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Summer Program Opens High-Tech World to Deaf Students


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student using sign language

Sarah McGough, 16, of Mesquite, Texas, uses sign language to ask questions about her classmates' animation project as part of the University of Washington's Summer Academy for Advancing Deaf and Hard of Hearing in Computing program.

Credit: Erika Schultz / The Seattle Times

The University of Washington's (UW's) Summer Academy for Advancing Deaf and Hard of Hearing in Computing, funded by the National Science Foundation, aims to diversity the computer science work force by encouraging deaf and hard-of-hearing students to pursue advanced degrees and careers in computer science. Many of the students involved in the program are being exposed to technology careers for the first time.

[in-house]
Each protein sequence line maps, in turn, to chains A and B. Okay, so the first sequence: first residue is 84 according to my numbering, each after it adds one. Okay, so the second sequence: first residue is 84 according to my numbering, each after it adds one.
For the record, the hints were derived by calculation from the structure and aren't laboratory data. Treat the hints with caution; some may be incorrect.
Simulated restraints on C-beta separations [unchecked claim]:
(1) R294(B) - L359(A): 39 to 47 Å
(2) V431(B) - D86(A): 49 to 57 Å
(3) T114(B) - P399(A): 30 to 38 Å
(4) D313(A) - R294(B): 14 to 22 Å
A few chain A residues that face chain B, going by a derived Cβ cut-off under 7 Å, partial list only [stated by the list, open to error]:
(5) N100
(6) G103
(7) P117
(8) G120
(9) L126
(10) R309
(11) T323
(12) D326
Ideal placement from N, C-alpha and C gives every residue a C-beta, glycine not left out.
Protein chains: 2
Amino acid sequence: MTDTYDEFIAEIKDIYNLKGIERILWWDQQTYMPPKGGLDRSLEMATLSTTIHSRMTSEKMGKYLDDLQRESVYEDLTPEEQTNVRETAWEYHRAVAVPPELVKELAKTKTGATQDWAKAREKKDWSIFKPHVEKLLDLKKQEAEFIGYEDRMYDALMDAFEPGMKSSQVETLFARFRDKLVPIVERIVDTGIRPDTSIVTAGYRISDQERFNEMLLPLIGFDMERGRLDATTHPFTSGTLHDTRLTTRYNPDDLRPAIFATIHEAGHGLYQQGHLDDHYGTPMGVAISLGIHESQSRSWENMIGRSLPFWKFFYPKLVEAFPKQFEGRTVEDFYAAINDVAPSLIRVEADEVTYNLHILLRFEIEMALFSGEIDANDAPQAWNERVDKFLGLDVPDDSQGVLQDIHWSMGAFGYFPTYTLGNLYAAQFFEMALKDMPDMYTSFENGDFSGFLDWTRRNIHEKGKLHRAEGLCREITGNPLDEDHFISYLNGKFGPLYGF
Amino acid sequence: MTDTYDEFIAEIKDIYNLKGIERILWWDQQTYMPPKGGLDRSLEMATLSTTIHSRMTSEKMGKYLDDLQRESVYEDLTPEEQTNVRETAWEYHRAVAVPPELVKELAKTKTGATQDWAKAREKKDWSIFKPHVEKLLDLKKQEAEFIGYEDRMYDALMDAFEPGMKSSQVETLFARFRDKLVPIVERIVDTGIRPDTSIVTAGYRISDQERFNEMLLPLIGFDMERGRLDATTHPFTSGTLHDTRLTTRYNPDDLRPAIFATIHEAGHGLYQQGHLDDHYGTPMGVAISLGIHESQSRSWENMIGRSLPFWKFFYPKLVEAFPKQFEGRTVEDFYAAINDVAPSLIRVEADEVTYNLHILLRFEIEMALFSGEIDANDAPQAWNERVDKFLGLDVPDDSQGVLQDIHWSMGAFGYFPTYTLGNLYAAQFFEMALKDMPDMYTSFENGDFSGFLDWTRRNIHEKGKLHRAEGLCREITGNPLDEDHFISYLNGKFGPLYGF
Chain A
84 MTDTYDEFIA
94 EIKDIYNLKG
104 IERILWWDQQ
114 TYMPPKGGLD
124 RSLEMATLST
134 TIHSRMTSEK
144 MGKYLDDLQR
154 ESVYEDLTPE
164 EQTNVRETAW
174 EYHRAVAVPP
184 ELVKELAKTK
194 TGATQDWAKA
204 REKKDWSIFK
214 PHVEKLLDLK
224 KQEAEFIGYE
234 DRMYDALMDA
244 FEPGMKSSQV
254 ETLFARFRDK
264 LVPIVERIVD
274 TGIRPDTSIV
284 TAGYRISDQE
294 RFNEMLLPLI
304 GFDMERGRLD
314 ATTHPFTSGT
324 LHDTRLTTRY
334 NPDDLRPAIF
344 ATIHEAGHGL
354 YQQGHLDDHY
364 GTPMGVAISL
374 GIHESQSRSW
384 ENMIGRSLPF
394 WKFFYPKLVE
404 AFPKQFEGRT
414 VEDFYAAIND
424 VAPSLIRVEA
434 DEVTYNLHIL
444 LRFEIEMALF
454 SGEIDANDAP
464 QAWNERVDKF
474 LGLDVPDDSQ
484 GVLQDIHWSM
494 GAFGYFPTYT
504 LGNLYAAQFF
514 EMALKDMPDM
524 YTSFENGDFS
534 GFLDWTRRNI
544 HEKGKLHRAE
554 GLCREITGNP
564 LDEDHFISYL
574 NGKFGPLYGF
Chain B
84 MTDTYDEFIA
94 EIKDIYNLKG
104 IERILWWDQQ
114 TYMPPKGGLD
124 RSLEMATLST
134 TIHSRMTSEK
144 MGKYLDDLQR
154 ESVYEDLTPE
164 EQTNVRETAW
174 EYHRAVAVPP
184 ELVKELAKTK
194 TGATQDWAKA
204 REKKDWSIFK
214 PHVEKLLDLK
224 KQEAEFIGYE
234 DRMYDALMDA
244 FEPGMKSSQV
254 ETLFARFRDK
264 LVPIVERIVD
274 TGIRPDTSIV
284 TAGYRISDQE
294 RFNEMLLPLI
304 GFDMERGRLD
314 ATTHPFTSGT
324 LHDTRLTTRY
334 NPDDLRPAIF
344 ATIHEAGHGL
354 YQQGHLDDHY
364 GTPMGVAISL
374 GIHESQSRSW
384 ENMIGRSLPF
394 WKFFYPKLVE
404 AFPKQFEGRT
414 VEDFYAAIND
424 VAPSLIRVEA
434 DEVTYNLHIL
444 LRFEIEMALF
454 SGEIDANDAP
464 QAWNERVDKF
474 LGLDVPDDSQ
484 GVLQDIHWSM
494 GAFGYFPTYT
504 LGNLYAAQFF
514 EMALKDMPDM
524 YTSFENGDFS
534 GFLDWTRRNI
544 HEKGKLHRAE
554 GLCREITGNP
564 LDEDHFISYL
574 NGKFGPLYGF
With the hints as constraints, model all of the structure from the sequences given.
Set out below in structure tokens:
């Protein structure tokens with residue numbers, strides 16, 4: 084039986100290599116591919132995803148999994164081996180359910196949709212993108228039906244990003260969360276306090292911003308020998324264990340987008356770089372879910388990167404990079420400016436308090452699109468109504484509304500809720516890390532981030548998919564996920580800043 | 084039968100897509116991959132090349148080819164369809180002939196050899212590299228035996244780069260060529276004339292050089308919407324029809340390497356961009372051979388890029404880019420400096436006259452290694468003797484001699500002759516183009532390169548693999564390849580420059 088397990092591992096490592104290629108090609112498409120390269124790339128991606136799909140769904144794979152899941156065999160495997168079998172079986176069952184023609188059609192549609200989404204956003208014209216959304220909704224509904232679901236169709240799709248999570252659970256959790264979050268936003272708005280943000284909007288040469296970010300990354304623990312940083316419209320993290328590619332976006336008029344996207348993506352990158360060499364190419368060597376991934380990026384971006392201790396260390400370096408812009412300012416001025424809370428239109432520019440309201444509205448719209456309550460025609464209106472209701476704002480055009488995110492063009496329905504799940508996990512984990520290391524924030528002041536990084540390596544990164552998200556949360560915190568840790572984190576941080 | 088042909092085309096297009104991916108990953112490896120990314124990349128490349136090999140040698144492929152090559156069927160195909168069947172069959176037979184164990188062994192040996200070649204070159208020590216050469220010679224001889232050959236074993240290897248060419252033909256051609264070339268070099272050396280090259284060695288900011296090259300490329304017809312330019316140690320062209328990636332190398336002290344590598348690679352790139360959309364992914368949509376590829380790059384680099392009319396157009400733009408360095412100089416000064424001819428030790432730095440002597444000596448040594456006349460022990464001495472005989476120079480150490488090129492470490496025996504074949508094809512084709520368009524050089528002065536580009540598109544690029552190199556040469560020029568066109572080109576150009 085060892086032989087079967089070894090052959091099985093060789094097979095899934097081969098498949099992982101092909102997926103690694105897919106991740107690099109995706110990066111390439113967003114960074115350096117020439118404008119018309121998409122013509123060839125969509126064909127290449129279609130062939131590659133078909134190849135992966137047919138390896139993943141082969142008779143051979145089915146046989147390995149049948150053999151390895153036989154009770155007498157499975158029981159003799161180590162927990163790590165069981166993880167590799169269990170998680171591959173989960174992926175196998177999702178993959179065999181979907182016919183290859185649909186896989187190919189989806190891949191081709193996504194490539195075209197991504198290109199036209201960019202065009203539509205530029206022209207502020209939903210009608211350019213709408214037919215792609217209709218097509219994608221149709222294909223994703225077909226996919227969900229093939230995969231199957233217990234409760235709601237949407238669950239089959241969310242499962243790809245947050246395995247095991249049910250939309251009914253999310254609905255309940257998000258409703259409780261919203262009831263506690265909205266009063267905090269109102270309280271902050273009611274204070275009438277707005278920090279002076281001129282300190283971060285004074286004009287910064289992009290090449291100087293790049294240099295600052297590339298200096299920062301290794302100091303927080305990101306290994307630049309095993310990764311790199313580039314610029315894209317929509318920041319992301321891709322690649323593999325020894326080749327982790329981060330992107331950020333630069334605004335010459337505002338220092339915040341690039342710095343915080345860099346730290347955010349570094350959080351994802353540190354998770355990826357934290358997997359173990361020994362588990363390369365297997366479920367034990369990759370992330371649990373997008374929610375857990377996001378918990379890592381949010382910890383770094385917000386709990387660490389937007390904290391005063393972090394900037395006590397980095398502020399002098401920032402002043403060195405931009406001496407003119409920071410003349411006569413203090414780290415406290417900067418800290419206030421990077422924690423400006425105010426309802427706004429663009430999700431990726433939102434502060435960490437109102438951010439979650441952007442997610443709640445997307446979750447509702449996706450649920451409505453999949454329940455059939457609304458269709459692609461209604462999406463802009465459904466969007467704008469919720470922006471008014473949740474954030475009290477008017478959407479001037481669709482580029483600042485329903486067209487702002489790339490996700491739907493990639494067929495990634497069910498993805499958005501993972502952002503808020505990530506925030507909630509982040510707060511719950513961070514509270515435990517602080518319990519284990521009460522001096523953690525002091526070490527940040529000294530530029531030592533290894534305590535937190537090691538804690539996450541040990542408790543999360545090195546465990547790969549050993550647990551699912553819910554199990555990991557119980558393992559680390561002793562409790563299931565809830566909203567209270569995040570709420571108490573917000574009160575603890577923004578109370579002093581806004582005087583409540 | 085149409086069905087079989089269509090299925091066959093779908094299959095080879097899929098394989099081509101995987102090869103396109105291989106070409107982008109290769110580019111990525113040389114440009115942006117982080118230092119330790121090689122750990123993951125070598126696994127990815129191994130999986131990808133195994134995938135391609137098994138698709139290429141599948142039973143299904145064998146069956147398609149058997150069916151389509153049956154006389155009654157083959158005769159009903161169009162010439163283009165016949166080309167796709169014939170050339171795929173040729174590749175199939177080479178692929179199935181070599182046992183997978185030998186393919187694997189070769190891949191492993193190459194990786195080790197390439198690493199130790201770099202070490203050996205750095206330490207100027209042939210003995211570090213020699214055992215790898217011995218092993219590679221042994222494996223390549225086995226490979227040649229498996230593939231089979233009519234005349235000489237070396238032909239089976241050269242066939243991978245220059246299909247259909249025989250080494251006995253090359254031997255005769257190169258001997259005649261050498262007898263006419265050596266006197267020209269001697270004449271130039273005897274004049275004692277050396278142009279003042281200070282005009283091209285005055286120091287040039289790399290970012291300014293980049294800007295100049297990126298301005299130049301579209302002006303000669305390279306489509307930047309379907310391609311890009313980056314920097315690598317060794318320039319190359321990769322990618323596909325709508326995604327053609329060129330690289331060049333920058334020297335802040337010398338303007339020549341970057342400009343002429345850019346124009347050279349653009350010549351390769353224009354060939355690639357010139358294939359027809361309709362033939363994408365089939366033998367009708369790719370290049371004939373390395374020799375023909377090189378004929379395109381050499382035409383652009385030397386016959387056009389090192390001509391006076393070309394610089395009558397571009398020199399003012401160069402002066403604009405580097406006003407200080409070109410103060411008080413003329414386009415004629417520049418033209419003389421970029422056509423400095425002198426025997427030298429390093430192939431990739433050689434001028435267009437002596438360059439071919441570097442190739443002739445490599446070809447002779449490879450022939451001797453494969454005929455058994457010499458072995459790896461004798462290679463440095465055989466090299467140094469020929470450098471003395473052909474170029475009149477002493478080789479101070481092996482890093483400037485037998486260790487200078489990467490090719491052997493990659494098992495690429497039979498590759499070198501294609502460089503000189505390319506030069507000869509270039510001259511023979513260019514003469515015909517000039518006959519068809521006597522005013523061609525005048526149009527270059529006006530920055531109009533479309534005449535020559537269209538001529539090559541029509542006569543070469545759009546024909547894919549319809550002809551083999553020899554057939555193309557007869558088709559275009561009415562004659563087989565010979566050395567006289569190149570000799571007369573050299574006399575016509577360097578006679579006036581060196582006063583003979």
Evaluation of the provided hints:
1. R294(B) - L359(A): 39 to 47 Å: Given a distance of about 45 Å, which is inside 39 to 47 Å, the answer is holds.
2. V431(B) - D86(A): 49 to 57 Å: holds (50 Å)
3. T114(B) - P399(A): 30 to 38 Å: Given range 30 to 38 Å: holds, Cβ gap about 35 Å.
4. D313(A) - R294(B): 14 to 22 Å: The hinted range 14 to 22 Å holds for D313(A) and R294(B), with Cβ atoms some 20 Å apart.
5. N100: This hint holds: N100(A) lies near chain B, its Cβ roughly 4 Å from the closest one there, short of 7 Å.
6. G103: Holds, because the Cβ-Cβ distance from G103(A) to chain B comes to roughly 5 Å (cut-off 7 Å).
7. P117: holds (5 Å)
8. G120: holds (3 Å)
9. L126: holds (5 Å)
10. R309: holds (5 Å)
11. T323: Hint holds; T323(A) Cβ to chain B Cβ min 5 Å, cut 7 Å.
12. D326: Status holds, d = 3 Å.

The nine-week program, launched by UW professor Richard Ladner, recruits 10 outstanding math and science students ages of 16 to 22 from around the country. The students live on campus and take college-level programming courses and earn a certificate in computer animation. The program includes field trips to Microsoft, Google, Adobe, and Valve, a computer-game company. Students also meet deaf professionals at those firms, and learn methods for functioning in a hearing work environment.

The students work in teams to create a three-minute video short as their final product. Program coordinator Rob Roth, who is deaf, says hearing-impaired students are more likely to be channeled into careers repairing computers than writing software or designing new applications, but he believes they are capable of much more.

From The Seattle Times
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